The Gruen Eco Design blog about how to convert your dream from an energy efficient home into a reality.
Other Little Challenges
It has almost been 3 months since I last posted an update on our own passive house and lots of people have been asking me what’s going on. So I thought I better write a quick update.
Sadly our own house is last in line, so we haven’t had much time working on the finer details yet. We are still aiming to start building in January 2019. And to make sure this is happening we do want to have all the documentation ready for the building permit in October – November. To give us a bit of a buffer in case we run into some problems.
While Ben is working on the passive house calculations, to make sure we haven’t oversized the windows and that we have allowed for the appropriate insulation everywhere. We have started to put in some more structural details into the plans.
As I had explained previously, with our house we have to comply with stricter setback regulations than usual, which, combined with a sloping block can lead to some challenges. We do want to build the house as compact as possible, having first floor walls sitting directly on top of ground floor walls. For structural and costing reasons as well as for energy efficiency reasons. Due to the wide easement and the setback regulations the size of our 2 kids bedrooms upstairs is already on the small side, with a width of only 3.2 metres and no room to make them wider. This was one of the main reasons we have decided on a gabled roof, as this allows for nice high ceilings within the bedrooms, making the rooms appear bigger than they are.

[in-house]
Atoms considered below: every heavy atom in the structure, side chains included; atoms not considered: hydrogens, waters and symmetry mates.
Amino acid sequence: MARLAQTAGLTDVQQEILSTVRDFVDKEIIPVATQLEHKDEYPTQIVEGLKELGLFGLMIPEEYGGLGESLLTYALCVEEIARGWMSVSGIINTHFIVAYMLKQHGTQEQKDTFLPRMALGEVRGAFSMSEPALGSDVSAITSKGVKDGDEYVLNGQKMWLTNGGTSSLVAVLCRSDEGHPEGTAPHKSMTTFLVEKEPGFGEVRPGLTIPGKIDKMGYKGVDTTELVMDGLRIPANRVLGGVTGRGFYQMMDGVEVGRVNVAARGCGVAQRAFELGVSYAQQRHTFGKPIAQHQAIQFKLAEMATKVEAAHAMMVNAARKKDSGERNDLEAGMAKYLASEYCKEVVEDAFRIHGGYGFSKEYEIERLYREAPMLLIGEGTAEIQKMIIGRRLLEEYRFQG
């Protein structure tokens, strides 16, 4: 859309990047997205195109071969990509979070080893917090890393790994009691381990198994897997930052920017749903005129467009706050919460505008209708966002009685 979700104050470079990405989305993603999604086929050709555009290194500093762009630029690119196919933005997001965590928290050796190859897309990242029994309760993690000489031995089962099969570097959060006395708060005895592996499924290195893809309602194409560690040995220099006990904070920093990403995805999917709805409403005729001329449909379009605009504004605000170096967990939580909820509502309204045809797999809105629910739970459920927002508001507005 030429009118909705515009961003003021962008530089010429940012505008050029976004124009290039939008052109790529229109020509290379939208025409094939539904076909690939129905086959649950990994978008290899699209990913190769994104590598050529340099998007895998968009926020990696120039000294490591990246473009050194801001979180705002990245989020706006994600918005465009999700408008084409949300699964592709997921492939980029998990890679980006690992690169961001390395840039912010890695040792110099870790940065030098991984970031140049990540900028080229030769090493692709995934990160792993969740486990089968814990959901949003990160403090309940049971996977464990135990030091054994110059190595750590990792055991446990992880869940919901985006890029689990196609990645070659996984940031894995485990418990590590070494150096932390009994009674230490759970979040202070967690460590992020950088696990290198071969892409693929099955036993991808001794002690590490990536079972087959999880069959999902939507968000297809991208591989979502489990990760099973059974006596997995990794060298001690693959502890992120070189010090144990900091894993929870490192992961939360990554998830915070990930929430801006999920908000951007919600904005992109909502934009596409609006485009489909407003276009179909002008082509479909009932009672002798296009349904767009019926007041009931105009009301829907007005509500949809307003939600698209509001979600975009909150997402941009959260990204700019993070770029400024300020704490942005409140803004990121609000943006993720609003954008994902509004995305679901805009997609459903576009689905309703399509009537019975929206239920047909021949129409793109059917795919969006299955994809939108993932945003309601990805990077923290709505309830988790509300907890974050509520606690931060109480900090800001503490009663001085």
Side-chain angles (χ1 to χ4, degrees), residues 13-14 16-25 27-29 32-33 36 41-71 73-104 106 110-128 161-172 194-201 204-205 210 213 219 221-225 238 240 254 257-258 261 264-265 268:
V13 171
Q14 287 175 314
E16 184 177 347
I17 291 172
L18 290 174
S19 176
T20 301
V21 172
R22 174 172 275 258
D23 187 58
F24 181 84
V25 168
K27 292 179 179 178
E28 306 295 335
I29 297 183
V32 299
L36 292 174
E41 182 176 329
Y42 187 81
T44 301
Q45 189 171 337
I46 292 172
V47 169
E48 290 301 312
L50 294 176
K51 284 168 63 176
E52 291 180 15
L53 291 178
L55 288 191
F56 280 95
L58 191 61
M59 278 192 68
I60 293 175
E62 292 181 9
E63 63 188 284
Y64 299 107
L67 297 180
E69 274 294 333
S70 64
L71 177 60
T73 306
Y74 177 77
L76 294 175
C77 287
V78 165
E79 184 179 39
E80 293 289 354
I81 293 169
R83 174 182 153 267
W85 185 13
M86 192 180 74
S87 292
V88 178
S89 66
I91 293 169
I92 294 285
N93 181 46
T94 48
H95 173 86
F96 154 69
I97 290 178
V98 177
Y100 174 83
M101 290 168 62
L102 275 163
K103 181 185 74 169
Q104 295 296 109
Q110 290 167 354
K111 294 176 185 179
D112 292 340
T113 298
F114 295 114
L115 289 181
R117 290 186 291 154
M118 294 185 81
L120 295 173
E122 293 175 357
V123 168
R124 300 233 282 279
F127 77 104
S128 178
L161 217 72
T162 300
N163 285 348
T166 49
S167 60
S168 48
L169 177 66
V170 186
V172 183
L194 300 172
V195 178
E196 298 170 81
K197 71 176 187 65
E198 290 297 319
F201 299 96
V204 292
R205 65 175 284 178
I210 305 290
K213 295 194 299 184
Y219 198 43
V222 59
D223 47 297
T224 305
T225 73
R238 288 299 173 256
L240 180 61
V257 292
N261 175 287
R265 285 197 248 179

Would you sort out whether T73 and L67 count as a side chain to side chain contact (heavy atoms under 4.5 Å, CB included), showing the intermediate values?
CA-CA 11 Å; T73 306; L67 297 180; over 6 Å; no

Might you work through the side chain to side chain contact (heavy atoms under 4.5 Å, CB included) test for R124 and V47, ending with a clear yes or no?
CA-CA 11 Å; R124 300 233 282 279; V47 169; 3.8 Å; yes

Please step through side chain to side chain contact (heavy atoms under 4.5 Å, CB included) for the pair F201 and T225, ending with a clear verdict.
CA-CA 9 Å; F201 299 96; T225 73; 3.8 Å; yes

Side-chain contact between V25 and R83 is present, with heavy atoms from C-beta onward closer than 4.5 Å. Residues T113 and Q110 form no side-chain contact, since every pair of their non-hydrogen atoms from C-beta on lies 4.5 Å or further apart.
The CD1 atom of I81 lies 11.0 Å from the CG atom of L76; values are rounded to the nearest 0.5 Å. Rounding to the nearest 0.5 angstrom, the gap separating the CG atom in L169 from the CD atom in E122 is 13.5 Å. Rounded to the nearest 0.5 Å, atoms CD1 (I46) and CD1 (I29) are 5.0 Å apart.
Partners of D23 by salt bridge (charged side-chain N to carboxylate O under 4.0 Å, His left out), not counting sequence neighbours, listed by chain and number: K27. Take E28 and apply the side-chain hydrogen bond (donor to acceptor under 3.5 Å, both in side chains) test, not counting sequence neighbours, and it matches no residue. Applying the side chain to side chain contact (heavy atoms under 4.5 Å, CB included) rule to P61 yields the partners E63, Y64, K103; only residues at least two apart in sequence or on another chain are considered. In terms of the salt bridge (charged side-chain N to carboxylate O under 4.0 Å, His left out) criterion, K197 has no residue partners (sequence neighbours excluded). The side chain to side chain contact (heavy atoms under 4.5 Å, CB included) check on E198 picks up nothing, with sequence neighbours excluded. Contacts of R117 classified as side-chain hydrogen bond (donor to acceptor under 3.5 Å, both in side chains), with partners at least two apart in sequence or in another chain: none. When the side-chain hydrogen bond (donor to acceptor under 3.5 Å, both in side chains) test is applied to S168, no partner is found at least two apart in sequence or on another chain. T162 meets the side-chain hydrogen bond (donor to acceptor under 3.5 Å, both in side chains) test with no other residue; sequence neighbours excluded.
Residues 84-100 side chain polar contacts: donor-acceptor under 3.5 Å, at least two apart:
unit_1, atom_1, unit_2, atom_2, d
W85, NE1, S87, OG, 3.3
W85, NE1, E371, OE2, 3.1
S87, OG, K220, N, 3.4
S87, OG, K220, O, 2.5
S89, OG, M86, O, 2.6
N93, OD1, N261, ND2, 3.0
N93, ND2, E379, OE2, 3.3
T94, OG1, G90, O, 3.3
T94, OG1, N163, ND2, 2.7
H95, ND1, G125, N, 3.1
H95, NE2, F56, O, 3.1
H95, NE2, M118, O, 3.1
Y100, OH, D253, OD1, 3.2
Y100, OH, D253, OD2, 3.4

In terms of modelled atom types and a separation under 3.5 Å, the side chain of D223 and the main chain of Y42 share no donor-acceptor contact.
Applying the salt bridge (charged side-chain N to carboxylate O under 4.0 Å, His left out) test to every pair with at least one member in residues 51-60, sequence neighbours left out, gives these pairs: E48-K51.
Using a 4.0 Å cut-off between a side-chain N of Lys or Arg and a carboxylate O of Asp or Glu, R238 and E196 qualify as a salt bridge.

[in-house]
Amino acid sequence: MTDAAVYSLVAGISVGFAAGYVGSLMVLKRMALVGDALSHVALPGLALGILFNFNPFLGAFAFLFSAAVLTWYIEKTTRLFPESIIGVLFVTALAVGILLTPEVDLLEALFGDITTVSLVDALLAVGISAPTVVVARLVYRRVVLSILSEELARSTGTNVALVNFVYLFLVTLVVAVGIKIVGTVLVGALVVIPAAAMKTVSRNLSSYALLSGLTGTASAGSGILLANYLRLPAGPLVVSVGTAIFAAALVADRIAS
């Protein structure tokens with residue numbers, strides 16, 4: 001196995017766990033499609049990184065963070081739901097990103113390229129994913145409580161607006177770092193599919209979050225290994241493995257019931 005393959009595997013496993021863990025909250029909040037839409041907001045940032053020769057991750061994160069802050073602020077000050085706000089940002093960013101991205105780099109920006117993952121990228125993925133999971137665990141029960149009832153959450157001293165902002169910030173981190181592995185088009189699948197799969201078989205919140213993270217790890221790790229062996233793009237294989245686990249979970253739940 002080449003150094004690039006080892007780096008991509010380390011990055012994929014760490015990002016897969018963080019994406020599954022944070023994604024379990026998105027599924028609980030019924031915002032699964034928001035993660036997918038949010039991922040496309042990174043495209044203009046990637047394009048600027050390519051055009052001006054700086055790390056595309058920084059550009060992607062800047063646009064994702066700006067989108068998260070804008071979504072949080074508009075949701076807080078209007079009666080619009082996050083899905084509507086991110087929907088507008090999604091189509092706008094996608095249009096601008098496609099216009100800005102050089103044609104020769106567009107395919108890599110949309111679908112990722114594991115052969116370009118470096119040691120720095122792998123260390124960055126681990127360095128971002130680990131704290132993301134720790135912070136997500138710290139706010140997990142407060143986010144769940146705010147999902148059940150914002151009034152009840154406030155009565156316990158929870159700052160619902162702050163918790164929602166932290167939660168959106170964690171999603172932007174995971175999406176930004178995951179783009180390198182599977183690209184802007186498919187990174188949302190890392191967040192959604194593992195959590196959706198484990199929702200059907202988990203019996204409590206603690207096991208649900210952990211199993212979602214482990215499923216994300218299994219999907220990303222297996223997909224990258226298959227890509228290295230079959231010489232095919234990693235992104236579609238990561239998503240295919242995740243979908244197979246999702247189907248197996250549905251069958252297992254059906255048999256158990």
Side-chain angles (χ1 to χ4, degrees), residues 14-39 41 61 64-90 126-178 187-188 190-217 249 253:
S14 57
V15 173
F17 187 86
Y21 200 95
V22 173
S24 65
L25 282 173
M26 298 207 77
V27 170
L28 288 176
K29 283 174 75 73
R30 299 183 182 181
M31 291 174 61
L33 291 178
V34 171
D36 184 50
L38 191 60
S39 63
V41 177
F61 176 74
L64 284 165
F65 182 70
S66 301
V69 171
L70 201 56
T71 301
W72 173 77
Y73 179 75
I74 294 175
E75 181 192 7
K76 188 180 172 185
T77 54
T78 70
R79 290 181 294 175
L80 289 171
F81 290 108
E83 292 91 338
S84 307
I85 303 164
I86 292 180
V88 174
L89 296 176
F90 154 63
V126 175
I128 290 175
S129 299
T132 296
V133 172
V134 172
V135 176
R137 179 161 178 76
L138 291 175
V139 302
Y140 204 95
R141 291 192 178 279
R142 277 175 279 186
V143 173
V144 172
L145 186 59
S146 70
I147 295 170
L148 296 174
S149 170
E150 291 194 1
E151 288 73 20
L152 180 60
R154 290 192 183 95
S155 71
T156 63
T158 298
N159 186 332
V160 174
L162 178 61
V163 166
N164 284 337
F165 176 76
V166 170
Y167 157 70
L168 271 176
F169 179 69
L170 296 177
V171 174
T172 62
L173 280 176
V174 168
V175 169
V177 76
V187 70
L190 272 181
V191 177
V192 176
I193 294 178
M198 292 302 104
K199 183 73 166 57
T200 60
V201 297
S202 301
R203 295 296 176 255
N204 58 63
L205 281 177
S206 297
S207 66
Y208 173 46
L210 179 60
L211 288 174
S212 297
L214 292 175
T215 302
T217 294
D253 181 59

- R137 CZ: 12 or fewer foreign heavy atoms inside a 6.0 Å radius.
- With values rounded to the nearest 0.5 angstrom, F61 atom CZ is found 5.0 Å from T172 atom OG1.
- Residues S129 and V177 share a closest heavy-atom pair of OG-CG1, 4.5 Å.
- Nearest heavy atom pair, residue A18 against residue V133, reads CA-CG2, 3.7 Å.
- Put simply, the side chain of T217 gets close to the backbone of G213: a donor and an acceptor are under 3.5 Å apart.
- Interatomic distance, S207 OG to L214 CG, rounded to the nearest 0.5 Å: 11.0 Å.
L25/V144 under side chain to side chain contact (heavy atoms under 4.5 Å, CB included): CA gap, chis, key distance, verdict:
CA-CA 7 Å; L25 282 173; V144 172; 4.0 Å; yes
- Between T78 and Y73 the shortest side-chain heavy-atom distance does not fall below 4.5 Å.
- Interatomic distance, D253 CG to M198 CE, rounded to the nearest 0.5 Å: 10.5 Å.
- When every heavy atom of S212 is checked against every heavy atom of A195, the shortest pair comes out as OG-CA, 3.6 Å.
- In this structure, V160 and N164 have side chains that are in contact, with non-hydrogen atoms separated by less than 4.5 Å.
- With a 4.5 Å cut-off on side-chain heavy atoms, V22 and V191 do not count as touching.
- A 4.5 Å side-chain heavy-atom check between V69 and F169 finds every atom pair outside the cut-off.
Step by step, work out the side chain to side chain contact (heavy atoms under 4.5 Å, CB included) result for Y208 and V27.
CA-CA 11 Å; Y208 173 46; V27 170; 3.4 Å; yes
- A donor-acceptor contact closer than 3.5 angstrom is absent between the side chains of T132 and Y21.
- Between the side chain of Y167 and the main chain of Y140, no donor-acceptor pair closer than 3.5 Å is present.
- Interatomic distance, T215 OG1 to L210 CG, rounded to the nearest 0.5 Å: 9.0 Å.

However, when we were detailing the house further I was quite shocked to see that the roof and wall height at the very south west corner of our house was outside the allowed maximum height. Just at the very corner, due to the fall of the land. How frustrating.
Leaving us only 2 options. Either making the upper level 300 mm smaller. Which would be a deal breaker, making the kids bedrooms too small. Or lowering the entire roof by 300 mm.
So, we played a bit around. And did the following.
Lowered the entire house by 100mm, removing one step at the entry.
- Reducing the ceiling height in the kitchen from 2.7 to 2.6 metres
- Lowering the pitching point of the first floor roof from 2.4m to 2.3m
Luckily we do have raked ceilings throughout our upper level, which means that even though the roof will pitch from only 2.3 metres, rather than 2.4 metres, the rooms will still feel open and spacious, due to the high ceilings.
While this may sound as the perfect solution, it will also bring more challenges and possibly a higher build cost. Lowering the house means that we have to excavate more at the back of the house and will need higher retaining walls, which could add quite a significant amount to our build cost. Finger’s crossed it won’t be too much.
Hopefully next week we’ll find some time to finish off the preliminary drawings, so that we can send them off to the sips manufacturer and window manufacturer for some initial quotes. And also to get a quote for the engineering.
PS, the design has changed again since the above render image has been done.